All of that said, for a one-season commitment worth $11.5 million, general managers seeking rotation depth should be willing to gamble on Nolasco, whose clean injury history and penchant for throwing strikes are notable strengths. Nolasco has not landed on the disabled list with an arm-related ailment since 2007, and he issued two or fewer walks in 24 of his 31 starts last season. The Yankees, according to Newsday beat writer Erik Boland, have already expressed interest, and other teams should soon follow.

In a recap of Samson’s radio appearance, The Palm Beach Post’s Joe Capozzi noted that the team president left the door open by adding that Nolasco might be moved “if the phone rings and something crazy happens.” Well, Beinfest’s phone is already ringing, and if recent history is any guide, the Marlins aren’t afraid of a little craziness.

Red Sox will explore extension for Dustin Pedroia
After dumping his three largest contracts on the Dodgers in August, Red Sox general manager Ben Cherington, while adding short-term reinforcements like David Ross, is also looking beyond 2013. Pedroia, Boston’s best remaining position player, is signed through the 2014 season with a club option for 2015, but Cherington is reportedly going to touch base with his agents, Sam and Seth Levinson, about tacking on more years to what has been an exceptionally team-friendly deal.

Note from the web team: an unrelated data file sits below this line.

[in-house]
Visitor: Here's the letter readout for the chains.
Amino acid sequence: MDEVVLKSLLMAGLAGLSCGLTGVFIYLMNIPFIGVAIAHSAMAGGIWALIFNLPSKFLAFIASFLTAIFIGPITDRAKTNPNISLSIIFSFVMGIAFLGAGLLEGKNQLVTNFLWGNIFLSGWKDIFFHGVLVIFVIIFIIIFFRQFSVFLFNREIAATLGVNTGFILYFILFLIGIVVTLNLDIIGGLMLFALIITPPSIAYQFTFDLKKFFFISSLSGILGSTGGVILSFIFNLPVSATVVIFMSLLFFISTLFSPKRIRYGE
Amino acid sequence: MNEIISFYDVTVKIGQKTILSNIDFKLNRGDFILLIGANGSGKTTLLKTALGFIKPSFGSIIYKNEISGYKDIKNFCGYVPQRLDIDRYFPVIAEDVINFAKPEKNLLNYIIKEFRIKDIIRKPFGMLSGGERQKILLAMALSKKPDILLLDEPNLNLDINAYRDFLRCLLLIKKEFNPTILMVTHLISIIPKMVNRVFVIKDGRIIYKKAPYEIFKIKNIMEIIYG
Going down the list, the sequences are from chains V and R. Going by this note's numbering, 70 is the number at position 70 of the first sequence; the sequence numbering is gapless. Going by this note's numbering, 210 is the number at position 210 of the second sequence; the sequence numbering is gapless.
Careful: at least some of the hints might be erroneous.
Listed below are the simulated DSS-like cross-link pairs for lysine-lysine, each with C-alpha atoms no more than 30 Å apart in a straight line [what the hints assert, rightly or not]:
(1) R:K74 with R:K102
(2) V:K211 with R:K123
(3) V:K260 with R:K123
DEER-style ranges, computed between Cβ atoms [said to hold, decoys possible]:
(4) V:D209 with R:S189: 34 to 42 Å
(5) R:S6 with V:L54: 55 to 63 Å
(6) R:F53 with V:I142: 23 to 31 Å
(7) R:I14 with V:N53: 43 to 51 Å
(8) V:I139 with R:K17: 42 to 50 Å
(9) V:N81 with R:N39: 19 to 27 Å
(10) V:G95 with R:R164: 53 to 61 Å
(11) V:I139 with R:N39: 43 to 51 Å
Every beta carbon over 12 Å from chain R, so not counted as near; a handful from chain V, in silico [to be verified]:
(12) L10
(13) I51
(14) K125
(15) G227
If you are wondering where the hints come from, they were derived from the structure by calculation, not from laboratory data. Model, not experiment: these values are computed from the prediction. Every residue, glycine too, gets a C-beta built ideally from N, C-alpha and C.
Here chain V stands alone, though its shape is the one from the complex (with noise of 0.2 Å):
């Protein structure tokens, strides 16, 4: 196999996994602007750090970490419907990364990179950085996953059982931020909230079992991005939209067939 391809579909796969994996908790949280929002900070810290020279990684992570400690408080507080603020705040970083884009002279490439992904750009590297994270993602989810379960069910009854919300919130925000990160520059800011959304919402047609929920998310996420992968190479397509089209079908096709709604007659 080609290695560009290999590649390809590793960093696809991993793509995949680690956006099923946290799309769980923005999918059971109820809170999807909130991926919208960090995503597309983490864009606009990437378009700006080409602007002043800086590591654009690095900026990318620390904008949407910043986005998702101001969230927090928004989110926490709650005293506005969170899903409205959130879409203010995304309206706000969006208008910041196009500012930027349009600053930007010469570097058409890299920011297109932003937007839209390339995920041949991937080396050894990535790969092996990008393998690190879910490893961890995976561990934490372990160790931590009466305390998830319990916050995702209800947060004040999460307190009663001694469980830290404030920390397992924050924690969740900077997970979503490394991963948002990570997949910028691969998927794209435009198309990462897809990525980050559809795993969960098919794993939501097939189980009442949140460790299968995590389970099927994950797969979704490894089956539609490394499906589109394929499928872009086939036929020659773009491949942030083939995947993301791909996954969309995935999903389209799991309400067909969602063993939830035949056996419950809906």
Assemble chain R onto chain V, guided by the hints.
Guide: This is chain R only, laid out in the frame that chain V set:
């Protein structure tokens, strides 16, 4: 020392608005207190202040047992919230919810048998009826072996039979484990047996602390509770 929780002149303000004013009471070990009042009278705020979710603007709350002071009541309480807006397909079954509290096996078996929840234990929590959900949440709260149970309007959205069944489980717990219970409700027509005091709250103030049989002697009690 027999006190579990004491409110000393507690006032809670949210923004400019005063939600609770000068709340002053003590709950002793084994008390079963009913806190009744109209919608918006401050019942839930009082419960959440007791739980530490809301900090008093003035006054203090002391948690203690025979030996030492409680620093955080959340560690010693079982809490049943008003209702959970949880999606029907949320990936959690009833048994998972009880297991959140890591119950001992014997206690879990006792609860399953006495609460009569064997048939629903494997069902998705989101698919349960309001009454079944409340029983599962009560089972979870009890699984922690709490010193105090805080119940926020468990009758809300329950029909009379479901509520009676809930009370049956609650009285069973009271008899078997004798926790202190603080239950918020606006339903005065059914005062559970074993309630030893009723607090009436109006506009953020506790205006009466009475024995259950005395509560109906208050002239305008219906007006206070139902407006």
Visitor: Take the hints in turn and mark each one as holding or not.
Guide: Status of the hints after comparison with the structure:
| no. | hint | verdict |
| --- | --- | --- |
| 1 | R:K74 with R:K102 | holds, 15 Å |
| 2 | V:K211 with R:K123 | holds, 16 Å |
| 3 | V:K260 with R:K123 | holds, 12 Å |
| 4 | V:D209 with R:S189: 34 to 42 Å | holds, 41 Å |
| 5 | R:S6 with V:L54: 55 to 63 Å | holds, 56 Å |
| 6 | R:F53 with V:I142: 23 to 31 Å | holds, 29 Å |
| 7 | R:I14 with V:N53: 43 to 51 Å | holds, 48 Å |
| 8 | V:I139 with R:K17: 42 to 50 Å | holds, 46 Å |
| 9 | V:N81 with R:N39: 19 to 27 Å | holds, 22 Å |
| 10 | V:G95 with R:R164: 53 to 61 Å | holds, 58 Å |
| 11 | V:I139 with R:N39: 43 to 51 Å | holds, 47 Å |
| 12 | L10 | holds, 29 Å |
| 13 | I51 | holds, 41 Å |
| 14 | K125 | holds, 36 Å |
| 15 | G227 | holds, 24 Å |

Pedroia took home Rookie of the Year honors in 2007, then added an American League MVP trophy to his mantel the very next season, and the Red Sox, with an arbitration battle looming a year later, locked up their second baseman on a six-year, $40.5 million extension. The 29-year-old Pedroia would have been eligible for free agency this winter had he chosen to go year-by-year instead of inking the long-term hitch, but he exchanged what is likely to be three years of team control for instant financial security. Pedroia has taken home $18.5 million over the first four years of the extension, and produced 12.1 WARP, despite missing 85 games with a broken foot in 2010 and struggling with a nagging thumb injury for much of last season.

The Arizona State product’s durability may be a concern, but from Cherington’s perspective, it also offers an opportunity to keep a fan-favorite, All-Star-caliber player at a below-market rate.  And that’s one reason why, as ESPN Boston’s Joe McDonald wrote on Thursday, the Red Sox are inclined to begin discussions with their second baseman sometime this winter.

Pedroia is set to earn $10 million in 2013 and 2014, and his $11 million club option for the 2015 season—which carries a $500,000 buyout—figures to be a no-brainer. Whether Pedroia will demand a short-term raise to commit to the team beyond 2015 remains to be seen, but two other elite keystoners could factor into the negotiations:

  • Robinson Cano’s current deal with the Yankees—which originally was a four-year, $30 million hitch with two club options—expires after a $15 million payout for the 2013 season. His new agent, Scott Boras, is likely to milk every last penny from general manager Brian Cashman, or attempt to gain leverage by advising Cano, who finished fourth in the Most Valuable Player voting, to test the free-agent waters next winter.